• Union Council Administrations

The City-District of Karachi is divided into eighteen towns governed by elected municipal administrations responsible for infrastructure and spatial planning, development facilitation, and municipal services (water, sanitation, solid waste, repairing roads, parks, street lights, and traffic engineering), with some functions being retained by the CDG.

The towns are sub-divided into 178 localities governed by elected union councils (UC's), which are the core element of the local government system. Each UC is a body of thirteen directly elected members including a Nazim (mayor) and a Naib Nazim (deputy mayor). The UC Nazim heads the union administration and is responsible for facilitating the CDG to plan and execute municipal services, as well as for informing higher authorities about public concerns and complaints.

  • Baldia Town
  • Bin Qasim Town
  • Gadap Town
  • Gulberg Town
  • Gulshan Town
  • Jamshed Town
  • Kemari Town
  • Korangi Town
  • Landhi Town
  • Liaquatabad Town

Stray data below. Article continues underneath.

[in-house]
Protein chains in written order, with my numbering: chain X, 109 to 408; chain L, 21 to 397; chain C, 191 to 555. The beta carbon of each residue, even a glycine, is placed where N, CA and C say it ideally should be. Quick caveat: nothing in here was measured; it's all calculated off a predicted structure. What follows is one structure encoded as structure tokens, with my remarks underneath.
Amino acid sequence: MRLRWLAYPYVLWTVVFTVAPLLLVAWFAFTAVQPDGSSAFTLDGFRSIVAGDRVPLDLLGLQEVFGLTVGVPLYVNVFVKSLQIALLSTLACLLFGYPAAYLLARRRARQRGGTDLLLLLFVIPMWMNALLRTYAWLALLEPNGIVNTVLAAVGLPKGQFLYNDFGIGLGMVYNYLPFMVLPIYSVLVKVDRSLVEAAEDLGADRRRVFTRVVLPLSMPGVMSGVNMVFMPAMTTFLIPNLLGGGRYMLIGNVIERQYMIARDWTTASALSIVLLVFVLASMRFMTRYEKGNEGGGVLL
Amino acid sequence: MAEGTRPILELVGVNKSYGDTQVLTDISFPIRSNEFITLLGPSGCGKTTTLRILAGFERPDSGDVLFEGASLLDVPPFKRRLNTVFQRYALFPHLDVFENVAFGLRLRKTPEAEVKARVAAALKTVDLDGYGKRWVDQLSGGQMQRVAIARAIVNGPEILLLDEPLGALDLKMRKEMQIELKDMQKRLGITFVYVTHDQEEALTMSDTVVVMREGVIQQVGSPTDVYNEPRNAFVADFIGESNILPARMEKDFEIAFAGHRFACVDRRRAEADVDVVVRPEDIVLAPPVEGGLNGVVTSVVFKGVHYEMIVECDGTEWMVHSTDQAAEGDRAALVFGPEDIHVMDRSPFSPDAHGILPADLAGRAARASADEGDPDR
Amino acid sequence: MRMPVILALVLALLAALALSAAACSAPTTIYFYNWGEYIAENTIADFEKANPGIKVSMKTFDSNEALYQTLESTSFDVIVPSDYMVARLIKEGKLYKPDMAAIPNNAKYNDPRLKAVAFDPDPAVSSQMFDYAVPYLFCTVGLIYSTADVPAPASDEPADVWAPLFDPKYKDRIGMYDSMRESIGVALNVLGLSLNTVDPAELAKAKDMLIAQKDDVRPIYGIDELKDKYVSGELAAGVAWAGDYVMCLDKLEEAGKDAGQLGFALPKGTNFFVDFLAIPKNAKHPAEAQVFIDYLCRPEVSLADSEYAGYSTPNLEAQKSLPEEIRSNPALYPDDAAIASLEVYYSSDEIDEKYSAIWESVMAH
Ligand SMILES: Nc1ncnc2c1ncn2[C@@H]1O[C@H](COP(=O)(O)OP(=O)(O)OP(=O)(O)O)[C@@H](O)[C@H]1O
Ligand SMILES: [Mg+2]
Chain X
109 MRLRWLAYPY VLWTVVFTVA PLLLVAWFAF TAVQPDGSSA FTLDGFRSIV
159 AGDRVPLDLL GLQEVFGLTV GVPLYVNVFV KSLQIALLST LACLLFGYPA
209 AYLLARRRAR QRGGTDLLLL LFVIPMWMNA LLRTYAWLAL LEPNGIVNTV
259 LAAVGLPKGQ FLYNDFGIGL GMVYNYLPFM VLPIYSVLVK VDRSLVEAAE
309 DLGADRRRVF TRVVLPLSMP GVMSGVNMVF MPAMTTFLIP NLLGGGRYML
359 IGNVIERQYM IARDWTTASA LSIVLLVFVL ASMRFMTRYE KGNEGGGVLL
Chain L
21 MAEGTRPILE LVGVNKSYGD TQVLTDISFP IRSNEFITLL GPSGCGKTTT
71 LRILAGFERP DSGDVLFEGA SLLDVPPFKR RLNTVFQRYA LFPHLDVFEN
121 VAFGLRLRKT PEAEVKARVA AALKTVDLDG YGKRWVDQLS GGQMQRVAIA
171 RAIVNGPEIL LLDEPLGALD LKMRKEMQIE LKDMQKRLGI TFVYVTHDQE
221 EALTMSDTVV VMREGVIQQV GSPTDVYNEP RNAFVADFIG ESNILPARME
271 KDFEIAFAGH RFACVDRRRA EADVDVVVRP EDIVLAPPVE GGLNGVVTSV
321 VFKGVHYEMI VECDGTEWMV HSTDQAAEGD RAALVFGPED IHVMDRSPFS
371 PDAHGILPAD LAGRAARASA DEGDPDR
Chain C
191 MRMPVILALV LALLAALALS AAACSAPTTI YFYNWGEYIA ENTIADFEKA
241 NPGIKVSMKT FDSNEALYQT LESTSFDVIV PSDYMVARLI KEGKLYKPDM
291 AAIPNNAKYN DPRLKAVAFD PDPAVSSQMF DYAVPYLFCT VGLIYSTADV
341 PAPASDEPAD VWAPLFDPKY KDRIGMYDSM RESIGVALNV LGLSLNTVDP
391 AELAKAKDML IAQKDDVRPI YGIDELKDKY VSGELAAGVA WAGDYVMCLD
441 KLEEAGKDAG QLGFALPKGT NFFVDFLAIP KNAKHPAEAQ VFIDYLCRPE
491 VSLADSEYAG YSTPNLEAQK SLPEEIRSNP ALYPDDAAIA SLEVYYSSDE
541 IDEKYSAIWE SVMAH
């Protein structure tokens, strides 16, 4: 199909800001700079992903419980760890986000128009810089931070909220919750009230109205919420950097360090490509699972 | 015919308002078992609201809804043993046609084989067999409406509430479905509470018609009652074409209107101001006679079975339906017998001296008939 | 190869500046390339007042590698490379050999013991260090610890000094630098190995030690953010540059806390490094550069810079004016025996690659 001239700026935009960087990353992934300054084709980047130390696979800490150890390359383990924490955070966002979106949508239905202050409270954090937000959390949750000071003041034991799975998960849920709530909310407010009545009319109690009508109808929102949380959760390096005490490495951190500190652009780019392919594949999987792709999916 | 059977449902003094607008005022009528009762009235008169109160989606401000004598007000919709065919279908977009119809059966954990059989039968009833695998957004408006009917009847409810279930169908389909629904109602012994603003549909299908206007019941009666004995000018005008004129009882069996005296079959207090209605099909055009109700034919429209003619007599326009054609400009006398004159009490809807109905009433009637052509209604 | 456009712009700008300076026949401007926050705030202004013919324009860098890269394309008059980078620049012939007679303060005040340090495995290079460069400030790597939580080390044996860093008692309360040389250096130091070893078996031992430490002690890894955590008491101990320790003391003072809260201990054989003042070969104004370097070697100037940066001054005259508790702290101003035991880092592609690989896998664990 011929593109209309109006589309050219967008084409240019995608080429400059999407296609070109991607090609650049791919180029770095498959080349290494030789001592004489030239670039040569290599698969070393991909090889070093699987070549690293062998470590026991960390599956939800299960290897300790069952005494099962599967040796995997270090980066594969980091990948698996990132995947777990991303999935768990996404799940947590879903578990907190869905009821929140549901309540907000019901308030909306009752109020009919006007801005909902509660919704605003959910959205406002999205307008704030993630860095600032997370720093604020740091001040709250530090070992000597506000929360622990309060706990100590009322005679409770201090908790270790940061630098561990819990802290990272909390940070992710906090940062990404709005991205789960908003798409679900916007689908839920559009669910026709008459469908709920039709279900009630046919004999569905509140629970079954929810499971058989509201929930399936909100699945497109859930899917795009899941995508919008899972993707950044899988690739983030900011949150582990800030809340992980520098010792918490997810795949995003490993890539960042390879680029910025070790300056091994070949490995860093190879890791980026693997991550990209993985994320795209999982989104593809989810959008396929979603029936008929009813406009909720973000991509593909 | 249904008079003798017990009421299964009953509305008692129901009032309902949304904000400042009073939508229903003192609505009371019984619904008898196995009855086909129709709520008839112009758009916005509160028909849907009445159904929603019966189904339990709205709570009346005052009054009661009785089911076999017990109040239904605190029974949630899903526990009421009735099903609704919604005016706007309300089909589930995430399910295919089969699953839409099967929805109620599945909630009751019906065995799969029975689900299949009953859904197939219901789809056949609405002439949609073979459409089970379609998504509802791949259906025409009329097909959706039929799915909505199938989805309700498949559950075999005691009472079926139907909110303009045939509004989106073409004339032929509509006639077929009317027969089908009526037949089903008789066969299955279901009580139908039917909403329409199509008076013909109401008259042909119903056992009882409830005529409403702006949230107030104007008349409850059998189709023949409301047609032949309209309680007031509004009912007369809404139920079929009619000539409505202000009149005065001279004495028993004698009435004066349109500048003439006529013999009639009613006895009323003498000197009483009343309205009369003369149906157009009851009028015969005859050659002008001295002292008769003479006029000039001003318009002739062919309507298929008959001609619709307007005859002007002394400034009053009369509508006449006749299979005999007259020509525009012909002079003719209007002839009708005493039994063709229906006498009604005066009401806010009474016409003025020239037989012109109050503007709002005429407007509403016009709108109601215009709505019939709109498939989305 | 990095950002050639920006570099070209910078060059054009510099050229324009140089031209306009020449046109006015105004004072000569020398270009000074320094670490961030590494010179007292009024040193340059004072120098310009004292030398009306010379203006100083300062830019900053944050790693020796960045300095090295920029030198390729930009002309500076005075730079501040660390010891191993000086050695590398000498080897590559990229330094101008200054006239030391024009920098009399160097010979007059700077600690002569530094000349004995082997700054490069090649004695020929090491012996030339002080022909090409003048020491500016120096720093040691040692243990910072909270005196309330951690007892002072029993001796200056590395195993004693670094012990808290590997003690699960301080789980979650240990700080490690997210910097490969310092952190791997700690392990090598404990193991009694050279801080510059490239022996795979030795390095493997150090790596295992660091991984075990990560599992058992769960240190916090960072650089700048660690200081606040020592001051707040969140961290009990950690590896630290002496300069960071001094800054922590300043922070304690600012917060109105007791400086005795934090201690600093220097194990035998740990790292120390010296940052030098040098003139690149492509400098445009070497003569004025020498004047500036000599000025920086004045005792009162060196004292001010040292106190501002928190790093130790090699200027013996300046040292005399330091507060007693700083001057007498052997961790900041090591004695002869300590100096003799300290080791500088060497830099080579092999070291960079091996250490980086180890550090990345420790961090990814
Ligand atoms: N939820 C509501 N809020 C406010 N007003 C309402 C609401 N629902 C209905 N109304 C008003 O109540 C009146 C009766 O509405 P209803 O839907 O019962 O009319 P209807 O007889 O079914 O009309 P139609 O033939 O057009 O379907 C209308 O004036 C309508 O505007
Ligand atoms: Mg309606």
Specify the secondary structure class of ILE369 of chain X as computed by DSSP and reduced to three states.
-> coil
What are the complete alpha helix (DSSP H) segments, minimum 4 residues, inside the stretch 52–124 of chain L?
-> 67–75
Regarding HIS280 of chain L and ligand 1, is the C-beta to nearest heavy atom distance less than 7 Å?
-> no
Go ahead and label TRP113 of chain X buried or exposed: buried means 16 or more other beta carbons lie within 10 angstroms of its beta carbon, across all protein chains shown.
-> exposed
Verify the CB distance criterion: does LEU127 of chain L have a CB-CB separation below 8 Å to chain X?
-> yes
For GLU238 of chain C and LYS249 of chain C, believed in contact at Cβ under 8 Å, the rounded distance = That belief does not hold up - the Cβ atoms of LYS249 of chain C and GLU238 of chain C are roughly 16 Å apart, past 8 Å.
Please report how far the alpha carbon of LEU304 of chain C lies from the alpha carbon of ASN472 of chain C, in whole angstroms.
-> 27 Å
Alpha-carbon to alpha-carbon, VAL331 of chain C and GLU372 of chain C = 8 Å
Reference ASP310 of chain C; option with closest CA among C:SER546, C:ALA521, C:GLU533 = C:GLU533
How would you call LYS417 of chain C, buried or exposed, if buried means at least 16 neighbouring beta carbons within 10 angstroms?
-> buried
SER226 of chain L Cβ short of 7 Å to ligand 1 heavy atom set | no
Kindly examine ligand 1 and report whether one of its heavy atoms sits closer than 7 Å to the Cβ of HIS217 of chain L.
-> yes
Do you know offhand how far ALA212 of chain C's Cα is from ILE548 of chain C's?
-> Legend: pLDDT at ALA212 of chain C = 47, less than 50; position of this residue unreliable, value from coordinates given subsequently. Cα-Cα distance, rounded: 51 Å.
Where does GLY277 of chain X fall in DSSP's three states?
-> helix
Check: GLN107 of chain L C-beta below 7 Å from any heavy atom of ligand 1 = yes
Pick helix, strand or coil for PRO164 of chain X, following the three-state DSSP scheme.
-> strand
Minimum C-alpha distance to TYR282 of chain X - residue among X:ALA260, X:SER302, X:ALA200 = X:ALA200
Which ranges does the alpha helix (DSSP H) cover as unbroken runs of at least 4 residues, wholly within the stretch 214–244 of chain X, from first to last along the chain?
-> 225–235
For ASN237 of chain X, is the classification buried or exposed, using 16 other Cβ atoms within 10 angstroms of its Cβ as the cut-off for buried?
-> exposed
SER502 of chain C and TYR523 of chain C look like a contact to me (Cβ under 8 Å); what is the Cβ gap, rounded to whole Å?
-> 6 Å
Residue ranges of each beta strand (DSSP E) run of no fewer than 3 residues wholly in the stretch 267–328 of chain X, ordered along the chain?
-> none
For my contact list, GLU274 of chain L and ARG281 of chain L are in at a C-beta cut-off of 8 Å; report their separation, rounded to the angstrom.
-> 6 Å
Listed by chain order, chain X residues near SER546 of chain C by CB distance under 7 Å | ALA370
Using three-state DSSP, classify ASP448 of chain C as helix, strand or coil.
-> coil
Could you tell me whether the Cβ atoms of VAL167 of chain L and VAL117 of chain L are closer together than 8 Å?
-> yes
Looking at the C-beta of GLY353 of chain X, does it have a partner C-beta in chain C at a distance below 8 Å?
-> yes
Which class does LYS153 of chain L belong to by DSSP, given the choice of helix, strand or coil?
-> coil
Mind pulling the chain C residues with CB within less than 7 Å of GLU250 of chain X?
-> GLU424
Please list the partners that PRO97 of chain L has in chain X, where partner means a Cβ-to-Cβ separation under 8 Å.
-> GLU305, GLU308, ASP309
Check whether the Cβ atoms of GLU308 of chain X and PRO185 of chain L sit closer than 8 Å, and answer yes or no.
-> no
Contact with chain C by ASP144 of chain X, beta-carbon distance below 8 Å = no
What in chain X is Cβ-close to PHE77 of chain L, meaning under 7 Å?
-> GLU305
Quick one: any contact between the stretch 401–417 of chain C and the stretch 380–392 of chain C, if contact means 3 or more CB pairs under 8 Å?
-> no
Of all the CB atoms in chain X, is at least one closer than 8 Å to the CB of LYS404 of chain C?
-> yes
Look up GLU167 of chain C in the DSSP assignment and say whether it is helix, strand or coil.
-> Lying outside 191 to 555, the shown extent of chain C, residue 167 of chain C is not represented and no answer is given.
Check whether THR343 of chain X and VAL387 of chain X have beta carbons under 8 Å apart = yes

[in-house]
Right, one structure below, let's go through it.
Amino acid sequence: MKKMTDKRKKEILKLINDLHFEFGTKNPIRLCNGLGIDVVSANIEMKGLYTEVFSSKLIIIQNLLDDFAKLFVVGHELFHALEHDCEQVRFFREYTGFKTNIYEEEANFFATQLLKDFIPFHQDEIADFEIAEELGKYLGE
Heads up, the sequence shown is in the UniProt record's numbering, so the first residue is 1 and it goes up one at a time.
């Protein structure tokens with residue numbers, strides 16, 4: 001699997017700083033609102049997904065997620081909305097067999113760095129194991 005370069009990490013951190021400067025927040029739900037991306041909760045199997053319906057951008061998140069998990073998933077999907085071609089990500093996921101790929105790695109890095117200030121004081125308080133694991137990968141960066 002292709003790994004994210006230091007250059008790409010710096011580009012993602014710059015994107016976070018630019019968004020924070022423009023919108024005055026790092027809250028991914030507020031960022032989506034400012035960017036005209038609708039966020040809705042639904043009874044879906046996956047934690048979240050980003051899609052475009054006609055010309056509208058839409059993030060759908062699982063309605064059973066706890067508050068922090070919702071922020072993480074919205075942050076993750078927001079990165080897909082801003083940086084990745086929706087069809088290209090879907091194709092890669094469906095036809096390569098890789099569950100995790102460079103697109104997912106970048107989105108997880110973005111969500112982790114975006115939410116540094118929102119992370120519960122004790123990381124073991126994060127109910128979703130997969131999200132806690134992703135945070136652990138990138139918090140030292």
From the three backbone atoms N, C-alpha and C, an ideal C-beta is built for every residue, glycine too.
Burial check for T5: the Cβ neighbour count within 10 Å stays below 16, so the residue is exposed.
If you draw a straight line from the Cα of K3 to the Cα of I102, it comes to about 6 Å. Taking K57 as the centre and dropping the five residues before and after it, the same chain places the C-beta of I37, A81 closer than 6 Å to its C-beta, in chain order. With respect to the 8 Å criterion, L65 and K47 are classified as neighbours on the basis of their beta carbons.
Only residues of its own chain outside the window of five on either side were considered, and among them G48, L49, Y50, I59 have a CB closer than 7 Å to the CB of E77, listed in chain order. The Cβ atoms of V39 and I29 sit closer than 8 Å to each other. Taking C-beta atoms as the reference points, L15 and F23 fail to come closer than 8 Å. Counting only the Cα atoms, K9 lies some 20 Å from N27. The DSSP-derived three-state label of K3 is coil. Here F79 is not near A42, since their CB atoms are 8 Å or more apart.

• Lyari Town
  • Malir Town
  • New Karachi Town
  • Orangi Town
  • Saddar Town
  • Shah Faisal Town
  • SITE Town
  • North Nazimabad Town
  • Note: Defence Housing Society Karachi is located in Karachi but is not a town of Karachi nor part of any town of Karachi. It is administered by the Defence Housing Authority, Karachi of Pakistan Army.

Demographics

Year Urban Population

1856 56,875
1872 56,753
1881 73,560
1891 105,199
1901 136,297
1911 186,771
1921 244,162
1931 300,799
1941 435,887
1951 1,068,459
1961 1,912,598
1972 3,426,310
1981 5,208,132
1998 9,269,265
2006 13,969,284
2007 14,500,000
Trend of population growth (in millions) in Karachi

The population and demographic distribution of Karachi has undergone numerous changes over the past 150 years. Non-governmental and international sources report that Karachi's current population is estimated to be 20 million[7]—a huge increase over its population in 1947 (400,000). The city's population is currently growing at about 5 percent per year, including an estimated 45,000 migrant workers coming to the city every month from different parts of Pakistan.[8] Karachi is the one of the largest megacities in the world.

Before Pakistan's independence, Karachi had large communities of Muslims, Pashtuns, Muhajirs, Punjabis, Parsis, Jews, Hindus, Christians, Balochis, Gujaratis, and Sindhis. After independence, Muslim refugees settled in Karachi, while a large number of Hindus left the city for India. Predominantly Urdu-speaking Muhajirs formed the dominant ethnic group in Karachi. Muhajirs originated from different parts of India and brought with them their local cultures and cuisines, adding to the already diverse mix of people that already inhabited Karachi. This has given the city a very metropolitan character, and has earned it the title as the Melting Pot of Pakistan.